Building solidarity and fighting racism go hand in hand

Building solidarity and fighting racism go hand in hand

On March 21, 1960, police opened fire and killed 69 people and wounded 180 others who were peacefully demonstrating against apartheid “pass laws” in the township of Sharpeville, South Africa. This led the United Nations to declare March 21 the International Day for the Elimination of Racial Discrimination.

On this day, CUPE joins with other unions and organizations to continue the fight against all forms of racial intolerance. We continue to confront racism however it shows itself, including racial profiling, over-representation in the corrections system, precarious work, and lack of employment and education opportunities.

For CUPE, March 21 is also a time to remember those we have lost as a direct result of their fight for human rights and against racism. And we remember the struggles and challenges that racialized and Indigenous peoples have long endured – and continue to endure.

For these reasons and more, CUPE’s 2017‑2019 Strategic Directions, our policy roadmap, reaffirms our commitment to build working class solidarity in our communities, fight racism in all its forms, work for equity for racialized workers and fight against the rising tide of hatred.

We call upon the government of Justin Trudeau to:

  • Strengthen and enforce employment equity laws and regulations, and fix gaps in the employment equity system.
  • Move to end racial profiling.
  • Implement the Truth and Reconciliation Commission of Canada’s Calls to Action.
  • Seriously address racism in all its forms, including anti-Black racism, Islamophobia and racism against Indigenous peoples by implementing the recommendations to Canada made by the United Nations Committee on the Elimination of Racial Discrimination.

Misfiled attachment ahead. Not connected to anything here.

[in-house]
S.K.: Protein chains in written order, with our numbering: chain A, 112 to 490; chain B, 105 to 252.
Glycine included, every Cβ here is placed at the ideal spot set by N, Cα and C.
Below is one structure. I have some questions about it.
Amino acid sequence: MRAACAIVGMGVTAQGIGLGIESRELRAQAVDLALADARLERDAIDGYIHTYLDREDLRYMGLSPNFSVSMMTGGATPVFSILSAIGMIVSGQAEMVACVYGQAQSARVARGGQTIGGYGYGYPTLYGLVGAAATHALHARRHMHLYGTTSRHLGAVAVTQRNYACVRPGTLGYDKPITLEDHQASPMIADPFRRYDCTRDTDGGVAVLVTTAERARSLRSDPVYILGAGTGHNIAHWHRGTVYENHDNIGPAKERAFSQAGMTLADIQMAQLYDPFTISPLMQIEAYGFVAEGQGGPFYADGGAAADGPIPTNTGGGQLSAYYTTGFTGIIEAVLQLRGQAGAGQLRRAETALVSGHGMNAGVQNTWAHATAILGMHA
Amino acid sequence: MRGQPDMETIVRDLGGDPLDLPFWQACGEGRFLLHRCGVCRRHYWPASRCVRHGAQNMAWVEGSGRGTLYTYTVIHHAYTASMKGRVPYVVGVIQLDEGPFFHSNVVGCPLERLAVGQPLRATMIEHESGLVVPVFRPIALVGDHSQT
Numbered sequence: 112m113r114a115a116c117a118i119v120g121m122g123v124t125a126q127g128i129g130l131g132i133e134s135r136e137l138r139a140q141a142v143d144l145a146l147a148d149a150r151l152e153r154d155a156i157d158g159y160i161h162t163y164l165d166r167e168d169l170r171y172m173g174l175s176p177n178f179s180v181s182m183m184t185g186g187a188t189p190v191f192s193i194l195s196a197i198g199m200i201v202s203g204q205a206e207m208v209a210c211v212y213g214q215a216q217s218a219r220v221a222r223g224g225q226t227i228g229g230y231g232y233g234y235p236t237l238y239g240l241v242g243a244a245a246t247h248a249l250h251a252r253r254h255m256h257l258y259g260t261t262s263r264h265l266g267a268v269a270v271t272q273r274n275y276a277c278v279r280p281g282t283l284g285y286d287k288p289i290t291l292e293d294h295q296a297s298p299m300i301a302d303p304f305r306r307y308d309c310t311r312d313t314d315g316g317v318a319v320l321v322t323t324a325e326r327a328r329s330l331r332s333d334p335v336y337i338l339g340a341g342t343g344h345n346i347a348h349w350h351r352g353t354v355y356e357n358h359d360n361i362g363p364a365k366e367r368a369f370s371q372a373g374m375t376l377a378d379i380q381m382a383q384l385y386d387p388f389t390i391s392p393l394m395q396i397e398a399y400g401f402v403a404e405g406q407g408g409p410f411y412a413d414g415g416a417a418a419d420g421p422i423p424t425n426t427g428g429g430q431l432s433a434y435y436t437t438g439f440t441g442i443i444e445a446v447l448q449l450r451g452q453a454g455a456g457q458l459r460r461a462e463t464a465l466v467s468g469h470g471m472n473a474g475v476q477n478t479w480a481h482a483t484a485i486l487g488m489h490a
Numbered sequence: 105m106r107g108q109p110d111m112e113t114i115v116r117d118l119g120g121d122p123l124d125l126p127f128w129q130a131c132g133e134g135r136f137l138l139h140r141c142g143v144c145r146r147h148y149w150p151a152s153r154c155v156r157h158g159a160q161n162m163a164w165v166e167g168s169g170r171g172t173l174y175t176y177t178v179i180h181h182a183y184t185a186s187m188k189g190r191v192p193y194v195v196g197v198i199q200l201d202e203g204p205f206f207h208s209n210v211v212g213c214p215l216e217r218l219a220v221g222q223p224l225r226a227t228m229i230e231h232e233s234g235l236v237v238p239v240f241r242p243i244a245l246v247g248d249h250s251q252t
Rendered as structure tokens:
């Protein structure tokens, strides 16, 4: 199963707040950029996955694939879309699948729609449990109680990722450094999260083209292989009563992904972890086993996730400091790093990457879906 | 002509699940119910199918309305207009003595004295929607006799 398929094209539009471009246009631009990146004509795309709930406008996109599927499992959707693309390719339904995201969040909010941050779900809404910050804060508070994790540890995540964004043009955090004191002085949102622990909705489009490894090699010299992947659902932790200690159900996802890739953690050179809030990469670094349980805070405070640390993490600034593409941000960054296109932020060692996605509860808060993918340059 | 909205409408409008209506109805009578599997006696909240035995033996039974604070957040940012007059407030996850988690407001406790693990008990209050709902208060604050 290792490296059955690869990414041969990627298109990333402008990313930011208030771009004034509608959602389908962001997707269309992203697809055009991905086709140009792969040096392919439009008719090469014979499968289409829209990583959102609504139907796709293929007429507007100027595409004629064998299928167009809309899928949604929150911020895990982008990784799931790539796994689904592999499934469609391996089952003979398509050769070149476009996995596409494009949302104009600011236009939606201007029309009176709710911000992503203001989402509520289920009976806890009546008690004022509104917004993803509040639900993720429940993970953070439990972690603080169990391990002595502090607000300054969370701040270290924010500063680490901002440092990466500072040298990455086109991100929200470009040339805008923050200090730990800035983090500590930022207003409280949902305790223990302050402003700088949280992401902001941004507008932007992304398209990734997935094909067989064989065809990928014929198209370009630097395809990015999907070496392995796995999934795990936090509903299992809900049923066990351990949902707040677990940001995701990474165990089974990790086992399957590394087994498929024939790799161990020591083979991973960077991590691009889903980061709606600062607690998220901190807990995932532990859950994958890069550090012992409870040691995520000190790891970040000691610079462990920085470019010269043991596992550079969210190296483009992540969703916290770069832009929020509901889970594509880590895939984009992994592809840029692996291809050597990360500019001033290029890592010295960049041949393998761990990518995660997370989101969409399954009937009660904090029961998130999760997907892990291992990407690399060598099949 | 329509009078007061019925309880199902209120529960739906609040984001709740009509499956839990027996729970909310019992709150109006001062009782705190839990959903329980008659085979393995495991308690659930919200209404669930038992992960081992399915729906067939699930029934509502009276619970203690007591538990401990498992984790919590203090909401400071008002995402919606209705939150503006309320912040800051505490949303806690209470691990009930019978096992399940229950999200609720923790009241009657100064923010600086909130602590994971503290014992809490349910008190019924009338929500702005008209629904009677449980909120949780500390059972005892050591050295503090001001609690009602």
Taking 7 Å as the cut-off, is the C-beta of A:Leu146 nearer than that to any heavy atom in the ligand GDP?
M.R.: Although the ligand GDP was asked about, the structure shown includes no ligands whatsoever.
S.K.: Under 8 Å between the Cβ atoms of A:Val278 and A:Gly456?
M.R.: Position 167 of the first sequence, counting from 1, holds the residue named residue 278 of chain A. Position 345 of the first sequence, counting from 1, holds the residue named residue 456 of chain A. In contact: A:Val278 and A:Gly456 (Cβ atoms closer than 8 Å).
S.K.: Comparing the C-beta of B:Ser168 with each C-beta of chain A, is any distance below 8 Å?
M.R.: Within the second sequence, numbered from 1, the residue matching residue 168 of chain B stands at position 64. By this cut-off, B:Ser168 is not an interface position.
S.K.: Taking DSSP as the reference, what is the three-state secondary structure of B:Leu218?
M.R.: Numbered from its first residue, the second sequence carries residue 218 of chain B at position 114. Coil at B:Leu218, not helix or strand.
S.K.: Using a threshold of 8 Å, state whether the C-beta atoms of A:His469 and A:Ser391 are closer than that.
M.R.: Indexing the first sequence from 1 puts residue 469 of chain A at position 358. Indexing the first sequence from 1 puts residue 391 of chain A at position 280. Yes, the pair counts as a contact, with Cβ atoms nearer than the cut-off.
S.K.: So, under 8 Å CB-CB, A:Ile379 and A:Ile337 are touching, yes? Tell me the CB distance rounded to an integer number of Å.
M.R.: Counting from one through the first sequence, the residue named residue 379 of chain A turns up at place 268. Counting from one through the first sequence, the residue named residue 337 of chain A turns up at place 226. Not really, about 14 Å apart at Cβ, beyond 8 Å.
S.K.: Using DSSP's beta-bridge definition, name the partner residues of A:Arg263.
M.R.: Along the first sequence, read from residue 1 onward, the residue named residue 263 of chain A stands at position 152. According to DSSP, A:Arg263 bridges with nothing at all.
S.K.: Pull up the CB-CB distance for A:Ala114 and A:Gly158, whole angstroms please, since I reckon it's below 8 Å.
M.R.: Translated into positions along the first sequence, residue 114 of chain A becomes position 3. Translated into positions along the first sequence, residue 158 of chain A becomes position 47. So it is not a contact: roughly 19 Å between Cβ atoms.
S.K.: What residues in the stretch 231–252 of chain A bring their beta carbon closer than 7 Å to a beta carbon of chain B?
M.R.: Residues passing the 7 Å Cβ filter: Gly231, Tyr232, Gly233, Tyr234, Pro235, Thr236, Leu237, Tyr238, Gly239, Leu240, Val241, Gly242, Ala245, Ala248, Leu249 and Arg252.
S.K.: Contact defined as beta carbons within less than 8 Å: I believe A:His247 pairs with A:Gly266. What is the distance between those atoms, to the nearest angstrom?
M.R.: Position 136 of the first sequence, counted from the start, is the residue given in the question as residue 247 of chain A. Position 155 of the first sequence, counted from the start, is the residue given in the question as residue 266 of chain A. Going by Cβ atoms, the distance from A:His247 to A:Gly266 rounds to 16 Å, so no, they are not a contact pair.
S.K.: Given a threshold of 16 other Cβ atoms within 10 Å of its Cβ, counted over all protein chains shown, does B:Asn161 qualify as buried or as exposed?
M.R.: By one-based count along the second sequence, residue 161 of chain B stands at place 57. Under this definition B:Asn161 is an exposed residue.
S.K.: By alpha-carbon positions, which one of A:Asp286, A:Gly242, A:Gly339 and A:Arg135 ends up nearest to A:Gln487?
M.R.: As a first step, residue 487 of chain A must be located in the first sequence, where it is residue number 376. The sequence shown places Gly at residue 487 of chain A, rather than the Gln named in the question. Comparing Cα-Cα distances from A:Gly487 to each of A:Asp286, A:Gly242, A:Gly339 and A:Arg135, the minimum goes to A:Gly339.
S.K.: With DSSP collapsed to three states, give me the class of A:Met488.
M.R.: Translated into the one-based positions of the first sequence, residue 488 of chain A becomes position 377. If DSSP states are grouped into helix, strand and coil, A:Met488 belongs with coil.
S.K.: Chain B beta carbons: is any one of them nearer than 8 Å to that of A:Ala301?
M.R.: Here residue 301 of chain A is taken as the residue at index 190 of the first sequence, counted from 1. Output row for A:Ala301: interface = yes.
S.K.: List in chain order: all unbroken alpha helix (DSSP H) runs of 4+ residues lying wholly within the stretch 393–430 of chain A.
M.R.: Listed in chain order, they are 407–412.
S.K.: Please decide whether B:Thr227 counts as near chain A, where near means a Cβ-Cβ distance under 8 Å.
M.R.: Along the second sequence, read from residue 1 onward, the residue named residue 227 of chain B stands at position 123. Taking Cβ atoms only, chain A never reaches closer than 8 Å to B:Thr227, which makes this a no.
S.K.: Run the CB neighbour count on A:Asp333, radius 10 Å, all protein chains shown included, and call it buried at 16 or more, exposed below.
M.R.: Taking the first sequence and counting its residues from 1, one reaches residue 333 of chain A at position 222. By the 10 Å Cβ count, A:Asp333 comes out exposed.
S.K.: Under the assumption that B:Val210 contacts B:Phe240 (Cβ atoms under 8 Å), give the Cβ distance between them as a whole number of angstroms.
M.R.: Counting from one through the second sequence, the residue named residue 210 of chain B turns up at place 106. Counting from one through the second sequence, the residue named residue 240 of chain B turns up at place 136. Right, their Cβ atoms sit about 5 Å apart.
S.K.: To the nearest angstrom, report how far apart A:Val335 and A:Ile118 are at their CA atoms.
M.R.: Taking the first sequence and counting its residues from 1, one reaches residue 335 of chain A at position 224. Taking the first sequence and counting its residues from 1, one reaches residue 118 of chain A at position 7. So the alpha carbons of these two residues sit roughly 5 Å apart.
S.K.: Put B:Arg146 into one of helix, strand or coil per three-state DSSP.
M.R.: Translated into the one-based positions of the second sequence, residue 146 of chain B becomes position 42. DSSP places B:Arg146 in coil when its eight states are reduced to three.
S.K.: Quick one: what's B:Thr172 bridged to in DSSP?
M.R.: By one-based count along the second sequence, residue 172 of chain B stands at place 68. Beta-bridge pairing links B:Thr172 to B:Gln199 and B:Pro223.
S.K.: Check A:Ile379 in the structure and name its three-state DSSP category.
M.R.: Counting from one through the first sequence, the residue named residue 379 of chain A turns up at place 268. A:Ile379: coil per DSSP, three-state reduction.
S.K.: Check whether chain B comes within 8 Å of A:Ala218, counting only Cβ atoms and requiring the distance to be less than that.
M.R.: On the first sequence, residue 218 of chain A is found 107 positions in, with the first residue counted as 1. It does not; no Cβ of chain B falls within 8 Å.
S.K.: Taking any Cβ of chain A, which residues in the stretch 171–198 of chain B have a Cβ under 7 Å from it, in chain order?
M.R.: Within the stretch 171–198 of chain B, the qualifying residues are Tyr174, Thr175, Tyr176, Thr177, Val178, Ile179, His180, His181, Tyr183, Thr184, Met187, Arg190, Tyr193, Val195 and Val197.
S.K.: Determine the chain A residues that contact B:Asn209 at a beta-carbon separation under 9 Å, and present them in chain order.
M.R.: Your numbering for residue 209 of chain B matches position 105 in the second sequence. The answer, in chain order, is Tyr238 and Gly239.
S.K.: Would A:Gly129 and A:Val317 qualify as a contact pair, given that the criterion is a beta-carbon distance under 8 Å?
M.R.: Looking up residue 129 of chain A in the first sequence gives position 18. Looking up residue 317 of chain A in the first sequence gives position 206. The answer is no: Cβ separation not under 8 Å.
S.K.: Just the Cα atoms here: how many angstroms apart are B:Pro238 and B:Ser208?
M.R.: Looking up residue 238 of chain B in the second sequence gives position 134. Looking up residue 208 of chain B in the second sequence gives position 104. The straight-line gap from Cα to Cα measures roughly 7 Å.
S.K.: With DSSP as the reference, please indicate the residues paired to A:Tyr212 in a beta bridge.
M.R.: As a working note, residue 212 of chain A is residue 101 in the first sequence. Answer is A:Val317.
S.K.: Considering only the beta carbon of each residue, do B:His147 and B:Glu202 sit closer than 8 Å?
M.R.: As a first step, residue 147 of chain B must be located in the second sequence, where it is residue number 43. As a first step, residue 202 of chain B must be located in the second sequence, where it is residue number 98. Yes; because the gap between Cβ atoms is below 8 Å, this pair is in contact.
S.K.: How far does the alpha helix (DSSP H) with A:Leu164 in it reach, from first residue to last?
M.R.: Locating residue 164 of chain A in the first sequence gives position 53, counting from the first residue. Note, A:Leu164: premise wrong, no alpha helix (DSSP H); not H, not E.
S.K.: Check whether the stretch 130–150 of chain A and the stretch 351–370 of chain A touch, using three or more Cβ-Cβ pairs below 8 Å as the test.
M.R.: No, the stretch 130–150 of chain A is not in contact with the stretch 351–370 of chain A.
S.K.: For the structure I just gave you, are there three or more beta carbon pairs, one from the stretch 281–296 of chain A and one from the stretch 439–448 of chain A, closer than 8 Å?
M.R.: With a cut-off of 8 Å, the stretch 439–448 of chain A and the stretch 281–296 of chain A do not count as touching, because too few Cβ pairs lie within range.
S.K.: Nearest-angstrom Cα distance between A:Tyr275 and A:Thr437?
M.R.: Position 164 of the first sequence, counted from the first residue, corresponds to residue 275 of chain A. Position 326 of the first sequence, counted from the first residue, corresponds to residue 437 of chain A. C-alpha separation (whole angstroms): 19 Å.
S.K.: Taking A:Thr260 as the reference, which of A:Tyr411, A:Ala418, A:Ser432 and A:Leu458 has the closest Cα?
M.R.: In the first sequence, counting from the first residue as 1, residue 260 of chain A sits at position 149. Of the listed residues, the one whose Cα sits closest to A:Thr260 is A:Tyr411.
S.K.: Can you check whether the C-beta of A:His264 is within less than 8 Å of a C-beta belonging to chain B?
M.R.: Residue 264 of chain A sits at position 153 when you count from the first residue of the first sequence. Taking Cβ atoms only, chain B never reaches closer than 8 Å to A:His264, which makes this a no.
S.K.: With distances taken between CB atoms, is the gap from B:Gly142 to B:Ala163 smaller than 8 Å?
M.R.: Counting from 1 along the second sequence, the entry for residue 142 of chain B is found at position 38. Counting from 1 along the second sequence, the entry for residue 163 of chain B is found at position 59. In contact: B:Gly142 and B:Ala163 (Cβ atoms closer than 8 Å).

Members can take action:

  • Bargain. Negotiate employment equity language into your collective agreement. Contact the Human Rights branch for information at [email protected]
  • Educate. Register for a union workshop that deals with anti-racism practices, dealing with harassment, discrimination or bullying. Invite someone to speak about anti-racism at your next union meeting.
  • Intervene. Educate yourself on the best ways to intervene to challenge racist actions and how best to support the person or group affected. Speak out against racist acts like jokes, slurs, graffiti or name-calling.
  • Challenge your workplace. Speak out about racist and discriminatory policies and practices in your workplace.
  • Challenge yourself. Consider how some of your own assumptions might be influenced by discrimination.
  • Become an ally. An ally is someone who actively supports racialized groups facing challenges. Being in alliance helps strengthen relationships in the workplace.

Read more:

  • Read the final report of the Truth and Reconciliation Commission and explore how you can support the calls to action for reconciliation.
  • Review the preliminary report by the United Nations Working Group of Experts on People of African Descent which addresses systemic racism faced by people of African descent across Canada.
  • Learn about the recommendations made by the UN Committee on the Elimination of Racial Discrimination in its review of Canada.
  • Access anti-racism tools like CUPE National’s anti-racism brochure, Diversity, Our Strength

Find out more at cupe.ca

Source

Disclaimer: All third-party opinions expressed via IASWI accounts linked to and from this page are those of the individuals concerned and do not necessarily represent those of IASWI or its affiliates. No copyright infringement is intended nor implied. To discuss this disclaimer or the removal of appropriate credit for materials of which you hold copyright please contact us. All the third party videos and contents found on workers-iran.org is not hosted on our servers; all third party videos or contents are hosted on a third party site. The opinions, beliefs and viewpoints expressed by the various authors and news sources on the www.workers-iran.org do not necessarily reflect the opinions, beliefs and viewpoints of the IASWI or official policies of the IASWI. These posts are only generated for the purpose of information sharing on the labour related issues.

Comments: 0